Migrant Workers’ Taskforce – finds evidence of possible “unconscionable conduct” among hostelsAugust 2nd, 2017 | | industry
Accounts of backpackers trapped into working off debt by hostels that lock in exorbitant accommodation charges after advertising jobs that take months to materialise are a recurring theme among the stories of financial, psychological and sexual exploitation gathered by Rosie Ayliffe.
“Rosie’s evidence suggests that, amongst a myriad of abuses, there’s probably serious misleading and deceptive breaches of Australia’s Competition and Consumer Act, requiring the attention of the ACCC,” Alan Fels AO said.
Alan Fels chairs the Migrant Workers’ Taskforce which had a Roundtable Discussion in Sydney last week. Mr Fels’s taskforce is due to report back next year on the broader issues of migrant worker exploitation, with the “main problems” among working holidaymakers and student migrants.
So nothing fixed in 2017 to correct this blight on Australia. Yet how long has this been going on? Well this was the heading of a news article from May 2015 – Backpackers working on farms in Queensland are experiencing slave-like conditions and sexual abuse but don’t report it because they are terrified they won’t get their visas signed off (Daily Mail Australia) – 2015, 2016 and 2017 and nothings done. Rosie Ayliffe is doing a sterling job, but this issue has been dragging Australia down for years and its time for change. The Byte has regularly reported Rosie’s and other efforts in an attempt of its own to deal directly with this issue. Its bad press but its also bad marketing and we won’t sweep it under the table.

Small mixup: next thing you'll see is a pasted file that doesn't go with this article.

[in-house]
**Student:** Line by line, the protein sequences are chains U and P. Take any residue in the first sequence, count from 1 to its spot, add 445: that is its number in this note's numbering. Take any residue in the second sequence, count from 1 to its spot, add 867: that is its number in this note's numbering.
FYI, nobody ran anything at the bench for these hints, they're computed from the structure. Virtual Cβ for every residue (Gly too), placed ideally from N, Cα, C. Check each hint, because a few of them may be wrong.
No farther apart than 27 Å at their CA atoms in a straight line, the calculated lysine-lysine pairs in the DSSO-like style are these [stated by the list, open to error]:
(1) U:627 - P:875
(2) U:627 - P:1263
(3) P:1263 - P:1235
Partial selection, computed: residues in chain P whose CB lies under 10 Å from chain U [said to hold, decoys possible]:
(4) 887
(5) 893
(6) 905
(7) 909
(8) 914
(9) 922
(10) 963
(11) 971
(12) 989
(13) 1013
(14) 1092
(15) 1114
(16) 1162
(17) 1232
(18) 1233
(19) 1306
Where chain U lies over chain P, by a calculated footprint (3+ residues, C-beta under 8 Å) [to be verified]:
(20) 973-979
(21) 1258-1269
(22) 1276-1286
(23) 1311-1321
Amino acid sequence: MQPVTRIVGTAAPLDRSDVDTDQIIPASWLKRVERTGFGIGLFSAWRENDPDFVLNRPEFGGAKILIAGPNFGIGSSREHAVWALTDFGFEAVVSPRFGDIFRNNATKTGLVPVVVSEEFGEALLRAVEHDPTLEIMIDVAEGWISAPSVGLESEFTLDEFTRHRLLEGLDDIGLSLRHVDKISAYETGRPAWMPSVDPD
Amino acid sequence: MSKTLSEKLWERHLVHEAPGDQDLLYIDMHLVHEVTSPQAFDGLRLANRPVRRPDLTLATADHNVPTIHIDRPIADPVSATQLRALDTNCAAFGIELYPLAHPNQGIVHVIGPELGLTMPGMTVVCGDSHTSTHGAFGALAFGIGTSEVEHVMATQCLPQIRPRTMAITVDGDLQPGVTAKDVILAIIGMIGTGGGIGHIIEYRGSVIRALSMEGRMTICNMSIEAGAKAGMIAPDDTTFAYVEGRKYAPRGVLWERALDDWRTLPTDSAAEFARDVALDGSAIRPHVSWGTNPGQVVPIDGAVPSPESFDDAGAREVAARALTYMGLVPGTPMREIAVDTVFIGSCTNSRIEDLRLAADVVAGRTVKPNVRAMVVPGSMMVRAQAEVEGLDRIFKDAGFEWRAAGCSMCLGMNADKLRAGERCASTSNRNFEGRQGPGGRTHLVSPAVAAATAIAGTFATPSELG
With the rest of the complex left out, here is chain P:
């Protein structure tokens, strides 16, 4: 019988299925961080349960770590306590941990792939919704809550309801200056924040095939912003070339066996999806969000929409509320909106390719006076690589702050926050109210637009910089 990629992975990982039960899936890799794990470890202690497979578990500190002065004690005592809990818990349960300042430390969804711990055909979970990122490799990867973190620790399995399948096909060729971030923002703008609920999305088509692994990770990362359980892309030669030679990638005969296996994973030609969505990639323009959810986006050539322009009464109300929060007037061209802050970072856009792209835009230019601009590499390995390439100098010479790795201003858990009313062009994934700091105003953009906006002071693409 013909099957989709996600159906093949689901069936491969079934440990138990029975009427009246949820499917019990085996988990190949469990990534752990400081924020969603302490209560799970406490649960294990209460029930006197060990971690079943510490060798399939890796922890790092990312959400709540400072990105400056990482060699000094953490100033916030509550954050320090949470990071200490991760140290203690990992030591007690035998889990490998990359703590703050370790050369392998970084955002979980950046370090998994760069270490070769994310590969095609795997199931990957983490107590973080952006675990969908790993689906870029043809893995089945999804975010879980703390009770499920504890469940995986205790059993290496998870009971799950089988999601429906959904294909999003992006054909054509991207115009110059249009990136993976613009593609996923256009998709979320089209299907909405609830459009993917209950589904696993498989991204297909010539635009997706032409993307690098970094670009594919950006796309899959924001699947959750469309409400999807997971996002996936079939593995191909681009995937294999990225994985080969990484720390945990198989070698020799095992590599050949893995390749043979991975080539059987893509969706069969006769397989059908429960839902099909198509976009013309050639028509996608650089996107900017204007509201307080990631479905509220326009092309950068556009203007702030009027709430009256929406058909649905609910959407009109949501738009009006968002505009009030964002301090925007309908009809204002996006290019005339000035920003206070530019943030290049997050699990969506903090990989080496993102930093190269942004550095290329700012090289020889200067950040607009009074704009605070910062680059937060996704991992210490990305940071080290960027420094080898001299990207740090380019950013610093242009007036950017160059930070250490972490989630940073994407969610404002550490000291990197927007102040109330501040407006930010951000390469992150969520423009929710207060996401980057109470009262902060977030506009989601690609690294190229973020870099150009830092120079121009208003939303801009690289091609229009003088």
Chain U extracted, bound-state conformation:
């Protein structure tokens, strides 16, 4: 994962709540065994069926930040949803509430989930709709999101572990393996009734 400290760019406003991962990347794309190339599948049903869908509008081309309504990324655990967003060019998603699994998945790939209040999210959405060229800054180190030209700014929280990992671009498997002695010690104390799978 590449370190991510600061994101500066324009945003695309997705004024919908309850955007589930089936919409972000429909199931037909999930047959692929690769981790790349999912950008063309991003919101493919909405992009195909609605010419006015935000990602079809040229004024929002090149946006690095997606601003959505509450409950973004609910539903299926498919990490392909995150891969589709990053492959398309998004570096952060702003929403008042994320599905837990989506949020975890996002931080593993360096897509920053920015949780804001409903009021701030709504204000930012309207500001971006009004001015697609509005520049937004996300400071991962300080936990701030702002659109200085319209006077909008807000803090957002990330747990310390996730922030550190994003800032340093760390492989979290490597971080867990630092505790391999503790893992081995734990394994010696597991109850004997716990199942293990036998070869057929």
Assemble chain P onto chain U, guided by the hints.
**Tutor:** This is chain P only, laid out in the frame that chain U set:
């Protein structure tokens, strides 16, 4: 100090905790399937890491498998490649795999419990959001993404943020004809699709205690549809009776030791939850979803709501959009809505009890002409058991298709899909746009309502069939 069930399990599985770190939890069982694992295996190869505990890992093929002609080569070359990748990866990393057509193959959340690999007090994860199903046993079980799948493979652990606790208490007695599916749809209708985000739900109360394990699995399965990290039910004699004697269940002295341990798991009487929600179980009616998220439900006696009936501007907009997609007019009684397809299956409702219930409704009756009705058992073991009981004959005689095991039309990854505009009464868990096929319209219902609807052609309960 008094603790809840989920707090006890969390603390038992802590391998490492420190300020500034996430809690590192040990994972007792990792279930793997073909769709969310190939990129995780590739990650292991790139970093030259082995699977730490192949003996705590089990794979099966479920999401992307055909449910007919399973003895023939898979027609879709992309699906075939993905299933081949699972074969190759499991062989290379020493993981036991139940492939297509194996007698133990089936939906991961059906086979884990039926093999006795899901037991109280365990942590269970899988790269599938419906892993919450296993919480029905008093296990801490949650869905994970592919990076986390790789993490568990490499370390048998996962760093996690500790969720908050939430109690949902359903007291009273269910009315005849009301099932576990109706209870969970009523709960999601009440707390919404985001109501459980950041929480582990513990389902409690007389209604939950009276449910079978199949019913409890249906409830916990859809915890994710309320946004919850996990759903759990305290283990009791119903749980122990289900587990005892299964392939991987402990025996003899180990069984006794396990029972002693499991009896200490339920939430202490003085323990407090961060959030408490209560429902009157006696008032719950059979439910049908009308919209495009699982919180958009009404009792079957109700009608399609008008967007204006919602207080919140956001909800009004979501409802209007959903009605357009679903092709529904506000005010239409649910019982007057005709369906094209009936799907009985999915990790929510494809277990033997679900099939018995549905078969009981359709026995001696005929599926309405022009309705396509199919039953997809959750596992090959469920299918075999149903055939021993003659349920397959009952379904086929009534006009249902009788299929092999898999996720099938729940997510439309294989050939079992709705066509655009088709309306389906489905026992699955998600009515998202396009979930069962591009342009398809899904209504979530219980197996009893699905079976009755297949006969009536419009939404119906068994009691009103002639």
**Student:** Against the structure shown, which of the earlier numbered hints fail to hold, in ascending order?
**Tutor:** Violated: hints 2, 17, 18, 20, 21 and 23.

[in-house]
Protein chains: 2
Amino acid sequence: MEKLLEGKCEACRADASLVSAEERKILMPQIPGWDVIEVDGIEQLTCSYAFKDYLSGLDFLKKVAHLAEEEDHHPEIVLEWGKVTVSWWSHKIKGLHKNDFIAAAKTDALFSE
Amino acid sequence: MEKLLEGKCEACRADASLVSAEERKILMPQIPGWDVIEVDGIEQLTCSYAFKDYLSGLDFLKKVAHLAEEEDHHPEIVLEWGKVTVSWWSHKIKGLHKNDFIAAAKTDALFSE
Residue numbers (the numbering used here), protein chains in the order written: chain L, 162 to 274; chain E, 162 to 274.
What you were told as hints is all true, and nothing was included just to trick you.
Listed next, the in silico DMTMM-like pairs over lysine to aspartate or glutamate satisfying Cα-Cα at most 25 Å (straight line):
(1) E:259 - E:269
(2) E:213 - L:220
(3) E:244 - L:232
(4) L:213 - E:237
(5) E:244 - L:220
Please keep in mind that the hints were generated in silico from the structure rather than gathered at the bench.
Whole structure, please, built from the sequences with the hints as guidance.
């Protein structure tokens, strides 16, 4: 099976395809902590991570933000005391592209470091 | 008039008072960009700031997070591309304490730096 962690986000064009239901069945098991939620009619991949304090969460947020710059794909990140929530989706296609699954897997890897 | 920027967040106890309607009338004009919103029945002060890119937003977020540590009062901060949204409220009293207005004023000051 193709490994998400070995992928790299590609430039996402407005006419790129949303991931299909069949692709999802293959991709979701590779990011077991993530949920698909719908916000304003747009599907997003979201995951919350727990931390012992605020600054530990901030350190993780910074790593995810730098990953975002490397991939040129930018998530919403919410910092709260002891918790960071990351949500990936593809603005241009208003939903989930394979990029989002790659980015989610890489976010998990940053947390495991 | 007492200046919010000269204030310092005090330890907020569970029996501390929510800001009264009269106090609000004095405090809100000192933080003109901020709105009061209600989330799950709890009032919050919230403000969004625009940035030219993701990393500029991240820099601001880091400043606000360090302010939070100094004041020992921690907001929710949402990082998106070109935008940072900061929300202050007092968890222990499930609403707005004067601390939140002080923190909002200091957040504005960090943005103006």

Fels’s referral to the ACCC is one of the first signs of Ayliffe (and others) are gaining traction in official circles after calls for sweeping new government oversight to combat abuses under a visa scheme that brings tens of thousands of overseas visitors a year into largely unregulated farm work.
Ayliffe, who is due to renew her campaign in Australia in October after returning to the UK last week, is already credited with shifting policy debate to recognise systemic problems with the scheme. “Her greatest contribution has been giving a full public airing to what is happening. It is helping spread the word in the community and to politicians,” Fels said.
Ayliffe said she had been overwhelmed by the apparent prevalence of rogue operators since launching her campaign, including a website and a backpacker survey drawing almost 140 respondents so far. “Since the survey I’ve had a huge number of messages flagging people, to the extent that I can’t deal with it,” Ayliffe said.
“My heart just sinks when I see on Facebook messenger someone wants to contact me. It’s just story after story of horrendous treatment.”
About 36% in Ayliffe’s survey, 50 people, said they did not get what they were promised by hostels or farms, most citing false guarantees of immediate job starts that left them racking up debt and beholden to expensive bonds while waiting for work …
Further reading on The Guardian
Sourced (and additional comments) by Chris Harrison